In the darkness of the isolation at the beginning of Covid, not being able to participate in in-person worship services wounded me. I ached for Christ and for community. I felt distanced from Christ’s body — and, more surprisingly, also from my own.
As Catholics, we are a Eucharist-centered people: Our faith hinges on the body of our God. But we have too few resources regarding the relationship between the body and spirituality, and I felt the lack deeply. Grace came to me in an unexpected way when I turned to YouTube for solace, stumbling upon yoga videos aimed to heal restlessness. In my search for peace in the midst of the pandemic anxiety, I found healing and exploration through the practice of yoga — a practice that ultimately brought me closer to Christ and the church.
What is yoga, anyway? Yoga is a practice. Just as Pope Benedict XVI calls the church to continual conversion, yoga challenges one to enter each day with a posture of responsiveness, rather than a posture of reactivity. It is rhythm and mindfulness; it is breath linked to movement. Yoga suggests that the quality of breath reflects the quality of mind. In learning to stabilize our breath, we gain the agency and power to stabilize our minds, and thus our bodies.
Christianity might have a controversial relationship with yoga, but yoga has also long had a contentious relationship with the West. I am grateful for my yoga practice and how it has brought me closer to Christ, but I am also aware of the westernization of yoga from which I benefit, as well as the danger of cultural appropriation that comes with this privilege.
Different eras of yoga have formed throughout time and location. During the Classical Period, Pantajali, a Hindu mystic, developed the Eight Limbs of Yoga, generating a philosophy that related breath to movement. There are similarities between the Eight Limbs of Yoga and the Ten Commandments, but maybe most particularly in the first two: the Yamas and Niyamas, the « Do’s and Don’ts » of a yoga practice.
The first Yama is ahimsa, which means nonviolence. This serves as the main pillar of all of yoga; all other Yamas and Niyamas stem and flow from this concept of nonviolence. In her book The Yamas & Niyamas: Exploring Yoga’s Ethical Practice, author Deborah Adele says that « nonviolence is a stance of right relationship with others and with self that is neither self-sacrifice nor self-aggrandizement. This tenet guides us to live together. » There is a liberation that is granted through the centering of nonviolence, but it is a liberation that requires a co-responsibility of taking care of each other. As St. Mother Teresa states, « if we have no peace, it is because we have forgotten that we belong to each other. » The concept of ahimsa through the practice of yoga reminds us that we belong to one another.
The second Yama is satya, which means truthfulness. Adele notes that nonviolence and truthfulness are paired together in yoga as the two main guidelines of the philosophy, holding each other accountable by offering a nonviolent methodology in actualizing truthfulness. Too often in Christian circles, we focus only on truth — even allowing violence, physical or otherwise, as a means to this end. Yoga has challenged me to think more pastorally in how to reveal these truths to others, as well as to myself.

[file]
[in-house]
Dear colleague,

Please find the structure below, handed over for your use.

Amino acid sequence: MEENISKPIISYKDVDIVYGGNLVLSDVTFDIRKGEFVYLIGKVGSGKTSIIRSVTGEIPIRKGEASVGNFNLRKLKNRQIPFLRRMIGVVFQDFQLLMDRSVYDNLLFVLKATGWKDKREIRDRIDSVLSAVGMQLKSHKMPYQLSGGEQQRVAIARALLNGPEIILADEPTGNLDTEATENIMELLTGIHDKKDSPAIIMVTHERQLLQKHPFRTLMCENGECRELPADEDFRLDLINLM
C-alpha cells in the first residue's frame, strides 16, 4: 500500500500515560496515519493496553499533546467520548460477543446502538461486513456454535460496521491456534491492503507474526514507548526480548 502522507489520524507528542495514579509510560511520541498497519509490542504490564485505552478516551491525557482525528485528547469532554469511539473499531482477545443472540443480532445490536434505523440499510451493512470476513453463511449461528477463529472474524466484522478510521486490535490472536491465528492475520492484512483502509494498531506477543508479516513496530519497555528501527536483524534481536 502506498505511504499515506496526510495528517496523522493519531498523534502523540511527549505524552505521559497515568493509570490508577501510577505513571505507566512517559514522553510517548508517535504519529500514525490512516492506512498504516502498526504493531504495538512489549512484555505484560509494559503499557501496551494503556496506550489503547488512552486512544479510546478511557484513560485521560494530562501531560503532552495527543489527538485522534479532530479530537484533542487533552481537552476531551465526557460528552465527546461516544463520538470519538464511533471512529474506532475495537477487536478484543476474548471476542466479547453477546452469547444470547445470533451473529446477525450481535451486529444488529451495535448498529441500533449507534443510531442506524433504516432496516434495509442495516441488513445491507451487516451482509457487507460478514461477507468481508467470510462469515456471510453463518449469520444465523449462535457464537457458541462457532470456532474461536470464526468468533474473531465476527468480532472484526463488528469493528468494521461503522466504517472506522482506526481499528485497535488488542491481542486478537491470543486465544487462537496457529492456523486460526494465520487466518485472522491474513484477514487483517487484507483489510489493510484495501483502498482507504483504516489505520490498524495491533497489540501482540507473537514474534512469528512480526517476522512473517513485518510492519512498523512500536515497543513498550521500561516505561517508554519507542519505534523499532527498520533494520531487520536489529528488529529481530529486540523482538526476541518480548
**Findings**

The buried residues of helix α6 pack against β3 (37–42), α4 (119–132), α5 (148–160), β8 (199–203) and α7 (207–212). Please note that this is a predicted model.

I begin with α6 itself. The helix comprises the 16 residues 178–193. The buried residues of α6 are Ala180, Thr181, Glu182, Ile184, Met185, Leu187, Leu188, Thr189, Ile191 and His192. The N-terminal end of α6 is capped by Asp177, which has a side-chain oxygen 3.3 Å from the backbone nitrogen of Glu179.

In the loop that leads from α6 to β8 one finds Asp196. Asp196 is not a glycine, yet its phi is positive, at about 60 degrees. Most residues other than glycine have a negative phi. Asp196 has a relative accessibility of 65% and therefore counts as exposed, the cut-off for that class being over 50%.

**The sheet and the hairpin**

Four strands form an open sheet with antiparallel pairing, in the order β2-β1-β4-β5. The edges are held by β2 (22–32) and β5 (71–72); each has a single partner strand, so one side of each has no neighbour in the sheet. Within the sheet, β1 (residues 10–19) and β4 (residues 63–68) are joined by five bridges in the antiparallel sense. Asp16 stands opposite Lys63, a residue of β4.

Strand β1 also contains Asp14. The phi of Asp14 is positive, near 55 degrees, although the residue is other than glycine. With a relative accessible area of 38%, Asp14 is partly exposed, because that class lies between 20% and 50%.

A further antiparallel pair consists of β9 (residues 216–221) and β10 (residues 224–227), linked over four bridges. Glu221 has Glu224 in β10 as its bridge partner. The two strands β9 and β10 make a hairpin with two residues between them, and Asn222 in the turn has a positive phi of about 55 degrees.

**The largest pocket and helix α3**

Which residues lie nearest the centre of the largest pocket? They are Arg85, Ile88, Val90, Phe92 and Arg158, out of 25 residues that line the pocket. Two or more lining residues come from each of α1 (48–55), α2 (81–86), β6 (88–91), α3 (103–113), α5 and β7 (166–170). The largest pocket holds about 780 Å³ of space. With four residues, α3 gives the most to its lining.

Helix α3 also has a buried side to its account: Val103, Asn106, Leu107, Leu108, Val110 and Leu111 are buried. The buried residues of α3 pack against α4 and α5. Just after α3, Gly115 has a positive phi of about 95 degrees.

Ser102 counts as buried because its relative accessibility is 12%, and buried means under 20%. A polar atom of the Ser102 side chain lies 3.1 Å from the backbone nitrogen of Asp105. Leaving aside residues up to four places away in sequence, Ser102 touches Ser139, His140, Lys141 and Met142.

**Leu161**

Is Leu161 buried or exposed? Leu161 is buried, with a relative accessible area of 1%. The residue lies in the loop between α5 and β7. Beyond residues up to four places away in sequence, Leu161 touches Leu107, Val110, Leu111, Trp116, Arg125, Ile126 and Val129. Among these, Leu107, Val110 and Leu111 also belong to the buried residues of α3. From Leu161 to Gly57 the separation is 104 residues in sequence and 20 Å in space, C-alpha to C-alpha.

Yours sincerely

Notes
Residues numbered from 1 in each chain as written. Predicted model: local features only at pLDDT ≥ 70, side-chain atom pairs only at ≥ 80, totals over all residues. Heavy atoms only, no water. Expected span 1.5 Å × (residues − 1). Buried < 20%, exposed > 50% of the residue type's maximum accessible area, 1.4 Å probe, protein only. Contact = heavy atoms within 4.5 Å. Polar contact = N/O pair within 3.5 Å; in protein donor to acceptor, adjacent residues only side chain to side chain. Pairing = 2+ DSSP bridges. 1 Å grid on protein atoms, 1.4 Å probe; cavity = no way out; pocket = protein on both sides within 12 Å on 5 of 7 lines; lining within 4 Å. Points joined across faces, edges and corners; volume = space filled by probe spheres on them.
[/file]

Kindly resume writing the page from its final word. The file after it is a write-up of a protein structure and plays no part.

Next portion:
In the Rev. Dr. Martin Luther King Jr.’s « Pilgrimage to Nonviolence, » he states that « the choice today is no longer between violence and nonviolence. It is either nonviolence or nonexistence. » There is a lot at stake here in committing to a posture of peace, for King suggests that it is either peace or nonbeing. The practice of yoga invites a commitment to a culture of peace, and thus a culture of being.
In further illustration of the power of yoga’s practice of nonviolence, it’s worth noting that yoga is one of the top recommended healing practices that therapists offer their clients, specifically clients of sexual abuse. For victims of any trauma, yoga serves as a way for folks to reclaim their body and their agency. It creates an environment and safe space that maximizes opportunity for self-care, and thus the potentiality of healing.
In the savasana pose, also known as « corpse pose, » you lay on your back — legs extended long, arms by your side — and just breathe. It is here in savasana where I have found that Christ meets me, over and over again, and where I meet Christ; it is here where my prayer thrives. This encounter with Christ through yoga does not replace the Eucharist for me, but rather forms me to hunger for the receiving of it even more.
One of my dear friends from divinity school, Kayal, says that « as Christians, we are able to see the world as it ought to be, but the world is not what it should be. » Yoga creates a space for me to tap into my mind and body to take on this quest as a Christian to see the world as it ought to be. I leave each yoga class as a better Christian — with a sense of sustainable hope.
Yoga has helped me to fall out of love with how my body looks, and rather to fall in love with how my body moves and feels. It has helped me to realize how the Spirit dwells within me, and to focus less on how I appear and more so on how I feel with the Spirit. I have learned to honor how my body moves through the Earth in an aspiring Christ-like manner, searching for wholeness in finding relation to one another through Christ.
Being Catholic calls for our Catholicity to shine through in what may be deemed as non-Catholic settings. It is to act as an extension of the Incarnation in what may be deemed by some as unholy. It is to find a sustainable Christian hope in all we do. Yoga granted me agency, and thus liberation, to recognize how present Christ is in the world, within me and beyond, strengthening my desire for the Eucharist, but also finding Christ present and active outside of the Mass, too.